King Dinis (1261 - 1325)
The sixth King of Portugal. Dinis was the son of Afonso III and Beatriz of Castile. He was born on 9 October 1261 and died in Santarém on 7 January 1325. He was crowned in Lisbon in 1279 and had one of the longest reigns of Portuguese monarchs - 46 years.
Known for his intelligence, Dinis was the driving force behind important reforms in mediaeval Portugal.
He did away with privileges and favours that undermined the authority of the crown and, in 1282, established that judicial recourse could be made only before the crown and the Cortes or assemblies of the kingdom.
In 1284 he set up the Inquirições Dionisinas (royal commissions leading to edicts issued by the crown). The documentation of the commissions includes a document alluding to the settlement of Tomar and the foundation of the Castle during the reign of Afonso Henriques.
When Dinis ascended to the throne, Portugal was in dispute with the Vatican over abuses by the clergy in relation to properties of the crown. He established a Concordat with the Holy See, after which differences were settled between the Portuguese monarchy and the Portuguese church.
He supported the Portuguese Knights of the Order of St. James in their desire to separate from their Castilian master. He complied with the papal order for the disbandment of the Order of the Temple and founded, a short while later, the Religious and Military Order of the Poor Knights of Our Lord Jesus Christ, or the Order of Christ, which inherited many of the men and assets of the Order of the Temple in Portugal.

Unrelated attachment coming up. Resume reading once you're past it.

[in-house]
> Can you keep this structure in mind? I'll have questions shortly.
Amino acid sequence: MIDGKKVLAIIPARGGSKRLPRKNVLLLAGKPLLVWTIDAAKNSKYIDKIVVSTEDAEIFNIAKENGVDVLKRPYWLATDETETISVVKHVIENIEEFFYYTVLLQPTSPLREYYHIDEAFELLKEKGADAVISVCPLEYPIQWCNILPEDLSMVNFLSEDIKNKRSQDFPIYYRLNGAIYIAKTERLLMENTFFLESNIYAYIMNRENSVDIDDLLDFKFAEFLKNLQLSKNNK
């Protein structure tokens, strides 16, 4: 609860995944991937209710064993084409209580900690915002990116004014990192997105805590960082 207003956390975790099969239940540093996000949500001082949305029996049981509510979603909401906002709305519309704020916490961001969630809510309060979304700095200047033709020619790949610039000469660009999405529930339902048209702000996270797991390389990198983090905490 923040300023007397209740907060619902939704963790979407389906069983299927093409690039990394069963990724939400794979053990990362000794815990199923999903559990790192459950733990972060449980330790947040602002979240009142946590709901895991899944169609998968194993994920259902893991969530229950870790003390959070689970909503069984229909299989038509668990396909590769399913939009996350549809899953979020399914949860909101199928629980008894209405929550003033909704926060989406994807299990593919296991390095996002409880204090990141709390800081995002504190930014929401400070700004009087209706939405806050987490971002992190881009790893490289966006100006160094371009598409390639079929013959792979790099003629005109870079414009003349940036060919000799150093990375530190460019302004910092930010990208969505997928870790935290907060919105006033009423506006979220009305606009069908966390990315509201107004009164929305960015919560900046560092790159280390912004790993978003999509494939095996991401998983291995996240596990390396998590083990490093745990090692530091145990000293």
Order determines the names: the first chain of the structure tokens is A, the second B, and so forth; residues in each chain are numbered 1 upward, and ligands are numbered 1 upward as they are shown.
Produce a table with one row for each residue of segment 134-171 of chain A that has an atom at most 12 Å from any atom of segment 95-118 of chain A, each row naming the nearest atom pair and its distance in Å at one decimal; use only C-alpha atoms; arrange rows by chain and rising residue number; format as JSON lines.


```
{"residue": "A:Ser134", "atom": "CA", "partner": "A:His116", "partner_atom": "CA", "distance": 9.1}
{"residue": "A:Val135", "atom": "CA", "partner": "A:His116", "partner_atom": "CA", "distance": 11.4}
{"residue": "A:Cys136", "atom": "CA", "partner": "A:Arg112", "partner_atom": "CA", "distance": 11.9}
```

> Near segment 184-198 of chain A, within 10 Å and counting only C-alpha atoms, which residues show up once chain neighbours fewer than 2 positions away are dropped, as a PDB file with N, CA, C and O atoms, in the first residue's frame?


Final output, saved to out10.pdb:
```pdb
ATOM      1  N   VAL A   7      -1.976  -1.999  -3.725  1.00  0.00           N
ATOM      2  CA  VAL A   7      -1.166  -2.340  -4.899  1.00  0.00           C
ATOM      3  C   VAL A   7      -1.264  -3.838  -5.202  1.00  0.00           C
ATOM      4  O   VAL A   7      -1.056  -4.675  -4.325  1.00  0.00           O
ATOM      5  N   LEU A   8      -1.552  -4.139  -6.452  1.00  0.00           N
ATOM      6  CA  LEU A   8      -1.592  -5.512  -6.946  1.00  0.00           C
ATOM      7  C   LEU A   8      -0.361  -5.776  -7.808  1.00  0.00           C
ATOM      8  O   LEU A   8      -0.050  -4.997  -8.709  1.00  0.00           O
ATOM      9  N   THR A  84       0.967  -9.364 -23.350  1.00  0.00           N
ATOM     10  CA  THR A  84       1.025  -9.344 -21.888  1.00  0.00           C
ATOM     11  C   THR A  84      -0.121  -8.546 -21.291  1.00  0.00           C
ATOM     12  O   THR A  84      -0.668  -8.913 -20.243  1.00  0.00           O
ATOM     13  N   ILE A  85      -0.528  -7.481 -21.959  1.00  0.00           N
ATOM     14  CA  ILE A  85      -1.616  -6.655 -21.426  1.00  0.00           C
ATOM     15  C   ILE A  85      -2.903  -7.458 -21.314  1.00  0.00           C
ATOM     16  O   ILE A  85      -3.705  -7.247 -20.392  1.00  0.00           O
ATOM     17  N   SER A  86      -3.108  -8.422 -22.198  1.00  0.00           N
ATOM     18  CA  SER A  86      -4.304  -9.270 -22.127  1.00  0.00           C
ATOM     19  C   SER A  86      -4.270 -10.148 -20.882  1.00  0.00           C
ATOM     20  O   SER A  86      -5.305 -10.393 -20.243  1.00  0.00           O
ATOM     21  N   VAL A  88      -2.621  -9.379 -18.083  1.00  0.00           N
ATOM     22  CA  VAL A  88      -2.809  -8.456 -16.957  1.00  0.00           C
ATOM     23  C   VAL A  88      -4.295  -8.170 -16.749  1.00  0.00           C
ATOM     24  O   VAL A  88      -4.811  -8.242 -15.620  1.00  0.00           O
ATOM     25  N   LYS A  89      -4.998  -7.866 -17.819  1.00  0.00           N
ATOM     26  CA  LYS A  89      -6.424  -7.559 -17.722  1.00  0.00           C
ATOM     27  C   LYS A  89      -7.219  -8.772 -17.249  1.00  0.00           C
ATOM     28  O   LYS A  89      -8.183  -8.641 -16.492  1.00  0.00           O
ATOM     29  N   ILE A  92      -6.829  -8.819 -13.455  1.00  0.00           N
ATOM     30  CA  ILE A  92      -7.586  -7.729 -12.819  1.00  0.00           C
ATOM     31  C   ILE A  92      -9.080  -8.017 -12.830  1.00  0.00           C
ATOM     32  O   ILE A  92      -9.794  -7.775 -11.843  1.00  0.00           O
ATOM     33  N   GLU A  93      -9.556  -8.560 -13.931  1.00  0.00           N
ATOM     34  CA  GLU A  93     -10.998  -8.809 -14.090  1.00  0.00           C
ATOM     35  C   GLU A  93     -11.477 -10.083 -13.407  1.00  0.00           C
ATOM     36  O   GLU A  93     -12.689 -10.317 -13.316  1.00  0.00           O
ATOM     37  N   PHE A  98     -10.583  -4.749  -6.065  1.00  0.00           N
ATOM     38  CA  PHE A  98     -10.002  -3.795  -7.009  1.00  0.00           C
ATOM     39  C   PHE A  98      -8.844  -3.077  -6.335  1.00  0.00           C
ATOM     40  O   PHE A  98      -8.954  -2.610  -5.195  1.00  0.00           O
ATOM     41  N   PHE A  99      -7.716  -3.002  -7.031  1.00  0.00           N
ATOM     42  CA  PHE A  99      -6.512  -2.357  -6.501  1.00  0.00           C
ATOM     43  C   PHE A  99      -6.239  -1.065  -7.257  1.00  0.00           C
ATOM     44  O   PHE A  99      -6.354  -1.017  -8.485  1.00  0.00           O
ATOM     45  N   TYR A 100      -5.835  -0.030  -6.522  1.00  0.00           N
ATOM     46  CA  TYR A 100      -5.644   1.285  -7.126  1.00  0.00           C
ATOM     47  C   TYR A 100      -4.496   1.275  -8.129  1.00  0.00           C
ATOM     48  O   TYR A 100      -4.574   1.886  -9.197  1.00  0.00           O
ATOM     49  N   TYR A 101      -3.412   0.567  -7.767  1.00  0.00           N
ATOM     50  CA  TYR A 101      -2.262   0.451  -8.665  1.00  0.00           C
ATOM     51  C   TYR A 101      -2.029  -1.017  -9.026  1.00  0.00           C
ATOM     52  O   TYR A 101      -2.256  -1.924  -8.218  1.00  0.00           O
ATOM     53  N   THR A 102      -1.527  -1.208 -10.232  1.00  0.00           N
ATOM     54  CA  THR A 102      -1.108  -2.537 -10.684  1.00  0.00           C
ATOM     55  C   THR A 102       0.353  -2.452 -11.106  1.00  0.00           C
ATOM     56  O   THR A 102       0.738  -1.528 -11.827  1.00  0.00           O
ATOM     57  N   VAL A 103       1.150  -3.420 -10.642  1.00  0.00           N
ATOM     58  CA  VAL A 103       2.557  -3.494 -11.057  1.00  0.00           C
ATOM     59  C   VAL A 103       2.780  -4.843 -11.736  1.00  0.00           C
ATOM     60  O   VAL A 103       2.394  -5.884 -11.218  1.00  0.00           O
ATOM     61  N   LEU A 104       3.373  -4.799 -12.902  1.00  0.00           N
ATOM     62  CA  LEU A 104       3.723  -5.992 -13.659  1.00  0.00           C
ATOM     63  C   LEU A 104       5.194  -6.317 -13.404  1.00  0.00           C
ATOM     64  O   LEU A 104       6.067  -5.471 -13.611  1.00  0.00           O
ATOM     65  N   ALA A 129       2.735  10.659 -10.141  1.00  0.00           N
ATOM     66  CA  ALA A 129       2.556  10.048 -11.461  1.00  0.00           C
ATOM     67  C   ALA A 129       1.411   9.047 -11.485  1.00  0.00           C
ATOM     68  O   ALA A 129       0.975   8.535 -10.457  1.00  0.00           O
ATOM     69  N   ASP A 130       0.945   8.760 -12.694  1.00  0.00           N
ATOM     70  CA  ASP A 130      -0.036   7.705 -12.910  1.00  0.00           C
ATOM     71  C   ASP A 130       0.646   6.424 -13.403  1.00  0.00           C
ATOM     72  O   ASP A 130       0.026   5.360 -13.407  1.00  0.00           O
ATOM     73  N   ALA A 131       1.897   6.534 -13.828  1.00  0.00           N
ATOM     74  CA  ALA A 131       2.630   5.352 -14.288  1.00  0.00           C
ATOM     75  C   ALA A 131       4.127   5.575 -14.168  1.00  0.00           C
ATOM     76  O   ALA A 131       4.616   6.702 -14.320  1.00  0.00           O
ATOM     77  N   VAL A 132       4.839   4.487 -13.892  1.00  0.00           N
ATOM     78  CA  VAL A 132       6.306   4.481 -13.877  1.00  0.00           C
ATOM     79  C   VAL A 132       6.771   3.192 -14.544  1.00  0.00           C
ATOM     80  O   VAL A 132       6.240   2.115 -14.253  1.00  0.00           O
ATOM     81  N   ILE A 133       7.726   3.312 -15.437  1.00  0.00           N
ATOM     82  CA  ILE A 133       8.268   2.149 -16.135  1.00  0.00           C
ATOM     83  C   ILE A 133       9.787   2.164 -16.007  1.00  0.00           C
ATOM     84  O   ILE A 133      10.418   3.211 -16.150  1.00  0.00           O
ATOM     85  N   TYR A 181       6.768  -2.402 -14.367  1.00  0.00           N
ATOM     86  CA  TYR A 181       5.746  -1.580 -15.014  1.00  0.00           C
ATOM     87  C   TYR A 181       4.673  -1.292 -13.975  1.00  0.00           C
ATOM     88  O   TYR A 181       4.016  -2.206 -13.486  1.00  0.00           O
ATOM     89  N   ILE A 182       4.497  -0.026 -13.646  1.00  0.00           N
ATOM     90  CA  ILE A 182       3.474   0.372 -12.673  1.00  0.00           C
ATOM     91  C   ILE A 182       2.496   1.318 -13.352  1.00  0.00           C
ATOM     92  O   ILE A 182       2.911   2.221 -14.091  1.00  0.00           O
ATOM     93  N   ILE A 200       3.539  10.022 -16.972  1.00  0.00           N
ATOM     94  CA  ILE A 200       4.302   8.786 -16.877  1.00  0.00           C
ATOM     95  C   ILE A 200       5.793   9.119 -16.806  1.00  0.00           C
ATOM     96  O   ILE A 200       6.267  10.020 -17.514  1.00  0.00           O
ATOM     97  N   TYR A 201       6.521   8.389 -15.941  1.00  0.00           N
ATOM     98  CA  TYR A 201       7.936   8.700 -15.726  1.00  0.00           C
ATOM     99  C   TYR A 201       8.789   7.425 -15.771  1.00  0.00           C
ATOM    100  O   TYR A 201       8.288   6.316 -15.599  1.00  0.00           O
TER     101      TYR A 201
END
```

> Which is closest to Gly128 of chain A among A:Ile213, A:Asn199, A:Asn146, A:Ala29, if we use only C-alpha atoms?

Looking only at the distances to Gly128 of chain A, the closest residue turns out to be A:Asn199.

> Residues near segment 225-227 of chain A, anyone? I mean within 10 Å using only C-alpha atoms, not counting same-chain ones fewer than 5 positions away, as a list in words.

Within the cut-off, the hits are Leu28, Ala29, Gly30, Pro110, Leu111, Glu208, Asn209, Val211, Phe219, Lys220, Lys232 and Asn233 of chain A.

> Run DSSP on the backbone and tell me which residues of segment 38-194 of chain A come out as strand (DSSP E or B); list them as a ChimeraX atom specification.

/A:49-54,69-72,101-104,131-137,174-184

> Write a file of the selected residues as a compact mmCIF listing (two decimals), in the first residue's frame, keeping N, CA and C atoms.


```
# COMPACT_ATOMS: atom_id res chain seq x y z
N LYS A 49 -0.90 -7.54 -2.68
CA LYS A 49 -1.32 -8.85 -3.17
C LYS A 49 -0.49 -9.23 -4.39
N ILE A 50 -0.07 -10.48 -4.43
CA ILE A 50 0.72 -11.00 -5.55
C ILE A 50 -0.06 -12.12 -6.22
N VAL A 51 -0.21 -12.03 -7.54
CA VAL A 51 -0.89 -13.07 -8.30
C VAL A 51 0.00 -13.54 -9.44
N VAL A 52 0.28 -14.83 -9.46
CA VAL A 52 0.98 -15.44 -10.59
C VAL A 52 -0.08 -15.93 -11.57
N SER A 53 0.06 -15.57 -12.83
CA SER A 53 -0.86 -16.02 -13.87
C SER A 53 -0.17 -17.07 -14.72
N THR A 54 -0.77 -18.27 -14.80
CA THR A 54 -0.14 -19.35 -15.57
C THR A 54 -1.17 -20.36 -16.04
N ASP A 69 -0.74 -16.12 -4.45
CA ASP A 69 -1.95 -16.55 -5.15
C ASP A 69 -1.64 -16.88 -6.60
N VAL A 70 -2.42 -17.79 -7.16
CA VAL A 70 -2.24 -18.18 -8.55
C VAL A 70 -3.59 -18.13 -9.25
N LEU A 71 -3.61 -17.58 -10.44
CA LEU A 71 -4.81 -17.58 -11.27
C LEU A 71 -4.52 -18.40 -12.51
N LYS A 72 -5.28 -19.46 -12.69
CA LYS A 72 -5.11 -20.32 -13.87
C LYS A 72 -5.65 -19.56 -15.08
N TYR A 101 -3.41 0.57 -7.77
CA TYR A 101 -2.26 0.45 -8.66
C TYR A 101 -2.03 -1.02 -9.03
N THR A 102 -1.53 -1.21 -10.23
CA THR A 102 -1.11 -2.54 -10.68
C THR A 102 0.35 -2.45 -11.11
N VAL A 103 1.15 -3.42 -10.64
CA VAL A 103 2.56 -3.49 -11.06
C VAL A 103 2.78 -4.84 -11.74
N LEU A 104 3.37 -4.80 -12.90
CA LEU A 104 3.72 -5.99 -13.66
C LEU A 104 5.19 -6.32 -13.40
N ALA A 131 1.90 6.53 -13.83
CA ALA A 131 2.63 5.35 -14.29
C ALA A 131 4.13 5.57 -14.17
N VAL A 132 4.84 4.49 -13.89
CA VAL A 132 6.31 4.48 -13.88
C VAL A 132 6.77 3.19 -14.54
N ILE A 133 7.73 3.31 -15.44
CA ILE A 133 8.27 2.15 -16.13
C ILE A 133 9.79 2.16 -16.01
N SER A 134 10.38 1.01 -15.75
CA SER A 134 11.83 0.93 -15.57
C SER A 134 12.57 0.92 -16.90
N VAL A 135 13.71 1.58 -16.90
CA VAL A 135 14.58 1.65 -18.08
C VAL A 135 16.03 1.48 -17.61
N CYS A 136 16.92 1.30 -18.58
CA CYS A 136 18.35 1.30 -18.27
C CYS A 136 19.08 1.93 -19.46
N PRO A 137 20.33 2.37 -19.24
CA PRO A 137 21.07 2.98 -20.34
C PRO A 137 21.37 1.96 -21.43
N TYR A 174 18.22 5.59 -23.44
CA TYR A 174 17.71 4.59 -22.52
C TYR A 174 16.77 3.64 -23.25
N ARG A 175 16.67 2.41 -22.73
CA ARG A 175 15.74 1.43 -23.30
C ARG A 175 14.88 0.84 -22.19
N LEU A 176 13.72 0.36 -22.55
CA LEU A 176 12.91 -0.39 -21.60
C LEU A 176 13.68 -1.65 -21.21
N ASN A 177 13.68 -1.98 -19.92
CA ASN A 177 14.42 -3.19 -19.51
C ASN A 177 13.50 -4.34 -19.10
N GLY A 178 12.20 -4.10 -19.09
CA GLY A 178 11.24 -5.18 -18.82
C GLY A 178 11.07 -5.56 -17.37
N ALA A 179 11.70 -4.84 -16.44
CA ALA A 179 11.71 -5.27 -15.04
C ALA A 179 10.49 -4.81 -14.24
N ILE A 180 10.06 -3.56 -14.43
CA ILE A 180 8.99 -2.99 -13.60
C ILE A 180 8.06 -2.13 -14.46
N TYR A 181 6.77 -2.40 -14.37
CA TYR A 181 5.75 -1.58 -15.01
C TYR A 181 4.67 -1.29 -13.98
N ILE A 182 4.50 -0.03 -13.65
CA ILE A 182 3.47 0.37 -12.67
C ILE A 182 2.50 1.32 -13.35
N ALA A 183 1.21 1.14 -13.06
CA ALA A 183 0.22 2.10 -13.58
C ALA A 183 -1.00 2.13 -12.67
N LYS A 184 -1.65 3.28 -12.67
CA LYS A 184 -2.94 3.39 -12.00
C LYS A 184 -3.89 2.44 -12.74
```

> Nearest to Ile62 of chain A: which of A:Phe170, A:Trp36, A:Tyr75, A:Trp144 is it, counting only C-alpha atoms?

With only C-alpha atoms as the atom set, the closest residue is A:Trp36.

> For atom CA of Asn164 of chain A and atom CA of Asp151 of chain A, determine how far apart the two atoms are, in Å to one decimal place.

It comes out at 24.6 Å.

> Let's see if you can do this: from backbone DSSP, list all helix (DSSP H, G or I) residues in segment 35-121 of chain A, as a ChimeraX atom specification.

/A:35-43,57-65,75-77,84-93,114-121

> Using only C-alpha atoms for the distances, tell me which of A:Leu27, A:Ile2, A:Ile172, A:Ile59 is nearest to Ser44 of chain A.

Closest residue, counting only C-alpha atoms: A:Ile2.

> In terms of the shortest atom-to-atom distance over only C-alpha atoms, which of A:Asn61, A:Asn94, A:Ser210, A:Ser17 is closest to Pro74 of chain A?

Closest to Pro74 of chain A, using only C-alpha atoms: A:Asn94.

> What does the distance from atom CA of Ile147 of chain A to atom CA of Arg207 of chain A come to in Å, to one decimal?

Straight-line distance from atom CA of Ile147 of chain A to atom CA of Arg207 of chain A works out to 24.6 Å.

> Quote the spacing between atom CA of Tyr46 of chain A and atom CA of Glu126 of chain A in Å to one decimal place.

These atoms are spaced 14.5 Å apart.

Dinis went to war with Castile to gain the towns of Moura and Serpa and land beyond the Guadiana river, as well as a redrawing of the Ribacoa boundaries.
Although he was a great driving force behind Portugal's building a navy, it was in agriculture, the exploitation of which was mostly in the hands of the religious orders, that he sought to involve the people by facilitating the distribution of property and founding settlements.
He travelled to many towns and cities in Portugal, consolidating royal rights, strengthening justice and organising defences.
Dinis also developed town markets and fostered the export of agricultural produce to Flanders, France and England, establishing a treaty with the latter in 1308. These trading agreements also included salt and fish preserves.
He also advanced the mining industry, producing silver, tin and iron. In return he demanded a fifth of the ore and a tenth of pure iron for the crown.
King Dinis was also a great force in advancing the national culture. He established the Magna Charta Priveligiorum, which founded the first university in Portugal, and translated many literary works. His court was one of the most notable literary centres in the Iberian Peninsula.